Consciousness Appearing Out of the Material Inconscience

Sri Aurobindo traces the manifestation of consciousness out of inconscience. Ordinarily we do not have any clear conception of this process or event, and simply accept it as a “given” fact. We may attribute it to some external Creator who has simply “made it so”. Or we try to explain it in purely materialistic terms of random chance of chemical reactions leading to eventual consciousness. Some try to attribute consciousness to a series of mechanical acts or steps that record and respond, in other words, just the working of an in-bred machinery, but as Sri Aurobindo has pointed out, this does not then account for the extrapolations upon this recorded and organised material in the form of ideas, concepts, imagination, or flights of fancy.

Sri Aurobindo explores this in some depth and comes to his own conclusion: “In its first appearance consciousness has the semblance of a miracle, a power alien to Matter that manifests unaccountably in a world of inconscient Nature and grows slowly and with difficulty.”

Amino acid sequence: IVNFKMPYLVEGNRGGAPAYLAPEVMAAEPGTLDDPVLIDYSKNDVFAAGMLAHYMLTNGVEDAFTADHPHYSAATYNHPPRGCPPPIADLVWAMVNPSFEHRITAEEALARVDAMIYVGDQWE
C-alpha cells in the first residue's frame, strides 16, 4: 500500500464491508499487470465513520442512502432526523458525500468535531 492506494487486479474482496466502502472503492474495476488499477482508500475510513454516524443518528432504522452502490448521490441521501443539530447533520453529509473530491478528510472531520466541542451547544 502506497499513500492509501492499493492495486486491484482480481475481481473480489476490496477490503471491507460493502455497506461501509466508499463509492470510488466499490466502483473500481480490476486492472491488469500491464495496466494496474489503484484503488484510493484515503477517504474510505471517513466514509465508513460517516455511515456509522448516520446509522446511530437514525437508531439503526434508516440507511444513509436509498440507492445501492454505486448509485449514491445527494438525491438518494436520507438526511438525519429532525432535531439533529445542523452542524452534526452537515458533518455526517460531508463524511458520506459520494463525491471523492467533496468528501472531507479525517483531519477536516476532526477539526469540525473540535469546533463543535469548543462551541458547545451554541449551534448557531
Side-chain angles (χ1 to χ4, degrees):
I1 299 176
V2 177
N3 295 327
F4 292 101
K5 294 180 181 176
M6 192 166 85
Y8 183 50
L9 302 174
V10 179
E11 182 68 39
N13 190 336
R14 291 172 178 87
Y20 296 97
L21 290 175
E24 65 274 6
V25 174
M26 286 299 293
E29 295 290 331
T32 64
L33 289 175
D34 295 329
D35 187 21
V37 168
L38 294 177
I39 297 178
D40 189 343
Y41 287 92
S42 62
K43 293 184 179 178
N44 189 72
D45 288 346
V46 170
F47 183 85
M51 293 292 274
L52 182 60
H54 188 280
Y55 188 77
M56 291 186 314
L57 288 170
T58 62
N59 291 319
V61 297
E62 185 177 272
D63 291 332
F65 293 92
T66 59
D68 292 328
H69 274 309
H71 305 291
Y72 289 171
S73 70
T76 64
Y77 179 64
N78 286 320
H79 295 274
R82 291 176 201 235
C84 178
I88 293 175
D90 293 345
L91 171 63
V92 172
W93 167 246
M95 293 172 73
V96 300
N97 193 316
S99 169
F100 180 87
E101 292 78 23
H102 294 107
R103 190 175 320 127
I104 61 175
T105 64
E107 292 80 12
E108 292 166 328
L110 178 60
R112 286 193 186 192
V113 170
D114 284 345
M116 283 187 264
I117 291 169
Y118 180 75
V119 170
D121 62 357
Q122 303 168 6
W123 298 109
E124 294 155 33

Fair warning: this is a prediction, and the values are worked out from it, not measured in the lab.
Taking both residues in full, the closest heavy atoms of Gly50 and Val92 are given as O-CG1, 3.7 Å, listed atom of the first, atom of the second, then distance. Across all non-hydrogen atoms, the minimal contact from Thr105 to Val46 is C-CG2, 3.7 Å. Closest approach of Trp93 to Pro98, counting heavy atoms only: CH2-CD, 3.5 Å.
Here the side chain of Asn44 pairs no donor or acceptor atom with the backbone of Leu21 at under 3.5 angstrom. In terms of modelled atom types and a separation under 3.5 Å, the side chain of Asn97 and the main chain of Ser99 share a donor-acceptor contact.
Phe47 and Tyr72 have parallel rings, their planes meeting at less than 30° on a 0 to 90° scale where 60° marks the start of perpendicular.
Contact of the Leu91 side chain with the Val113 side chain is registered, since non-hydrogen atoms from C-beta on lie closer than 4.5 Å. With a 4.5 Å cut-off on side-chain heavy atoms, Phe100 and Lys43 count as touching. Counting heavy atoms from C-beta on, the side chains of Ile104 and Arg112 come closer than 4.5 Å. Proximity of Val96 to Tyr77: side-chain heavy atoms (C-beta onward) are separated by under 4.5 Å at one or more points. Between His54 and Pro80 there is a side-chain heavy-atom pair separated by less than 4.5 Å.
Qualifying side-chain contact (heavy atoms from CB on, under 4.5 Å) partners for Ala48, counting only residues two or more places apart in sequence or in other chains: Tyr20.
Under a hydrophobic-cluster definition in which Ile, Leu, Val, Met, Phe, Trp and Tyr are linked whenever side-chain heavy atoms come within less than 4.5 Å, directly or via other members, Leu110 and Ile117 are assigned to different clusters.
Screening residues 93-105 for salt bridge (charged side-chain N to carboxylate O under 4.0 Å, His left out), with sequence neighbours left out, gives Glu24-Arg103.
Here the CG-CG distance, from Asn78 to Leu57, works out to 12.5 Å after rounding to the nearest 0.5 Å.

“The evolution of consciousness and knowledge cannot be accounted for unless there is already a concealed consciousness in things with its inherent and native powers emerging little by little. Further, the facts of animal life and the operations of the emergent mind in life impose on us the conclusion that there is in this concealed consciousness an underlying Knowledge or power of knowledge which by the necessity of the life-contacts with the environment comes to the surface.”

The conclusion that the power of knowledge must be inherent, involved, in order for it to become manifest, evolved, is unavoidable; moreover, it is in line with what we see in the plant and animal world where the seed contains the knowledge that creates the eventual fully-grown entity. Socrates built his system of education on the basis that knowledge came from within the student, and is not simply pressed in from outside. Nothing can manifest a power that it does not have the internal capacity to express, and thus, there must be a force of consciousness which becomes involved as the basis for consciousness to evolve in the time and place and under the circumstances called for.

Sri Aurobindo, The Life Divine, Book 2, Part I, Chapter 14, The Origin and Remedy of Falsehood, Error, Wrong and Evil

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